Our lives are mostly perfect. Listening to a report in the car yesterday about a little girl who was badly burned by napalm in the Vietnam War, and has had pain (not to mention psychological trauma) every day, ever since, I decide that this was, in fact the case.
It's been a long journey for her. She now resides in Canada, has found solace in religion, and has made peace with herself. In comparison, my travels, my trials, and my tribulations all seemed so insignificant. It became very clear to me that, for the most part, my life is good.
It won't always be that way. There will be tragedies, sorrow, and pain, but while the seas are calm, why can't I just sit back and enjoy the ride?
This is precisely what I tried to do while spending two hours attempting to navigate the streets of Paris yesterday - solo - by car. Well, I guess I wasn't entirely alone. I did have my 2-year-old toddler in the back, who had been in the car for hours, and hadn't had a change of diaper since we left Holland at 10 AM. But what's fantastic about getting lost in Paris, is if you survive the round-abouts and frighteningly bad drivers, you will at some point end up in front of incredible landmarks, completely by accident... such as Sacré Coeur, the Opera House, or the shockingly beautiful "Gare de l' Est" train station. So getting lost isn't, well, a total loss.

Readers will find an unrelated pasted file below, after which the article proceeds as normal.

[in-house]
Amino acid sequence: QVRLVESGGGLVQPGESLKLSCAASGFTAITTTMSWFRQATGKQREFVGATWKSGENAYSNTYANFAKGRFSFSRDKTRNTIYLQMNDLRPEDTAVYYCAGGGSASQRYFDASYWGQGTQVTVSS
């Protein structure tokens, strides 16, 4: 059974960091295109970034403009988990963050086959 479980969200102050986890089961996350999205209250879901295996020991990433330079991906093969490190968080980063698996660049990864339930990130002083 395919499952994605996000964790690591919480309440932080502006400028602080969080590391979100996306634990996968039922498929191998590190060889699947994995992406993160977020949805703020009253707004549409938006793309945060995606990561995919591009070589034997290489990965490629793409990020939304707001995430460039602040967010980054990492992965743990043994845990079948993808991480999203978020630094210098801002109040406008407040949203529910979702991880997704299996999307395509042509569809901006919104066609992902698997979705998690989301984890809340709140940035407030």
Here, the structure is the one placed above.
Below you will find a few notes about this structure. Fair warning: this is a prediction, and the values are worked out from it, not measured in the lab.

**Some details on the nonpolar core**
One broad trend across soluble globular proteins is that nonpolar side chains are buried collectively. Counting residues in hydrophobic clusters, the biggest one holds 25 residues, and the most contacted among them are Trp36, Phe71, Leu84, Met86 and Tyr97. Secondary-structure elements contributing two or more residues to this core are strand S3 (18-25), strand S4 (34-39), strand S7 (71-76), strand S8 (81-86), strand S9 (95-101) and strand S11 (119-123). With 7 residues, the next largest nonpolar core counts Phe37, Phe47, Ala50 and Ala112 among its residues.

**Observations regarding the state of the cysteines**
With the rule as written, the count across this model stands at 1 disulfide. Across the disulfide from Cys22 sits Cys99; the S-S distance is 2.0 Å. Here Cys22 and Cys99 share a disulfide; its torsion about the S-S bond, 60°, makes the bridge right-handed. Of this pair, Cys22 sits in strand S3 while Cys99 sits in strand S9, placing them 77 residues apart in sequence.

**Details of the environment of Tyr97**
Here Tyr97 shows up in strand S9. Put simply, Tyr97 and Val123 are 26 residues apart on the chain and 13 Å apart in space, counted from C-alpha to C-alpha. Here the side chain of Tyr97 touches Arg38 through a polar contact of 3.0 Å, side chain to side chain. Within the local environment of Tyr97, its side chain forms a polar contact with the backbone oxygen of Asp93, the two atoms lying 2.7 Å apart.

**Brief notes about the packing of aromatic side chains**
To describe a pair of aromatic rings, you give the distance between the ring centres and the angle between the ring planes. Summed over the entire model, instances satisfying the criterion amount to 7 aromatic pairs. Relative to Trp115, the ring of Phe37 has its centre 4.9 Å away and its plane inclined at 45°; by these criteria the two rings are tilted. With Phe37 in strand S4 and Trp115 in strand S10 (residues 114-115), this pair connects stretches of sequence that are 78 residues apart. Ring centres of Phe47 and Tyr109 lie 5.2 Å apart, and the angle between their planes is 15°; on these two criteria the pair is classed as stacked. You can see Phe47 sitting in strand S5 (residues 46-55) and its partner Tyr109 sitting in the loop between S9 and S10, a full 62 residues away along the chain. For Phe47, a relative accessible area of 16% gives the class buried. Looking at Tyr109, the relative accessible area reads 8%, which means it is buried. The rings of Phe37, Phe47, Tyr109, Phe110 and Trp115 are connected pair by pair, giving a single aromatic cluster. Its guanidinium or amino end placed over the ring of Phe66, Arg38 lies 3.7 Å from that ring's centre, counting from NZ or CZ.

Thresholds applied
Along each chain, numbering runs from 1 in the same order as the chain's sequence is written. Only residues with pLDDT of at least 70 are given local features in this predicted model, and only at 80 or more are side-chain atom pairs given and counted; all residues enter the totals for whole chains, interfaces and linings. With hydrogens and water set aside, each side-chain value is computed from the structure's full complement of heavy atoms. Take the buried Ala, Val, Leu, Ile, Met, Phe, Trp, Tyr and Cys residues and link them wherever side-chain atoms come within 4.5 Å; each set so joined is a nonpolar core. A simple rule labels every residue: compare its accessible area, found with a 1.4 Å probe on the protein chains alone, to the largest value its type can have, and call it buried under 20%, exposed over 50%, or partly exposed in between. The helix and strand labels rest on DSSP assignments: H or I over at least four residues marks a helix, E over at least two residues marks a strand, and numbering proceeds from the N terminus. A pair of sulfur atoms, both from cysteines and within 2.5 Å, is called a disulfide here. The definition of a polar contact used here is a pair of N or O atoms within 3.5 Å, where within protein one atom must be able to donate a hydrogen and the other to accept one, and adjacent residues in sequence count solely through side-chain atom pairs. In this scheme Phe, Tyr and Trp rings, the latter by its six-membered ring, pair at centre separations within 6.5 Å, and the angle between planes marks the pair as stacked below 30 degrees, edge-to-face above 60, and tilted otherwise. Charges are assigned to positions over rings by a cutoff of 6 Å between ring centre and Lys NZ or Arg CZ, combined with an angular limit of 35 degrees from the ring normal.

After meeting a friend in the area known as the 19th District, checking into the hotel, and parking the car, we hopped on the metro and headed out to an area called "Le Marais" for dinner. There we found a fantastic Italian Restaurant on a quaint little square, perfect for people watching (and letting the kids play) in the cool evening breeze. Dinner was good, as was the service, and we finished off the meal with an ice cream sundae before flagging down a cab for our return. After forking out a whopping €10 for the taxi ride home, we laughed about the trouble we had gone through earlier that evening, determined to save money by riding the metro. The moral of the story, if you can share a cab, by all means, do!
The next morning I rose early for a brisk walk down the "Avenue Secretan", stopping at a Pâtisserie along the way for some fresh bread and goodies. Back at the hotel, I woke up my son and my friend, Jen, we had breakfast, and began the day with an outing to the incredible (and non-touristy) Buttes Chaumont park. There, we bumped into a friend of Jen's, American-born Julie Wayne, author of The Kalipatti Qaurtet, who was practicing Tai-Chi (complete with sword, which Lukas found very cool).
I absolutely adore finding little corners of the world like Buttes Chaumont - places with history and loads of character, where the locals go to relax and unwind - and am so pleased that we took the time to meander through its paths and gardens. Had we had just a bit more time, we would have made an effort to get to the other side, visiting the park's real treasure: the Promontory (pictured left). We saw it from the car, but couldn't manage to find it on foot. Maybe next time.
The trip back to Holland went by very quickly, for which I was grateful. Now back in The Netherlands, I'm determined to enjoy my uncomplicated, good life here on the farm... while it lasts.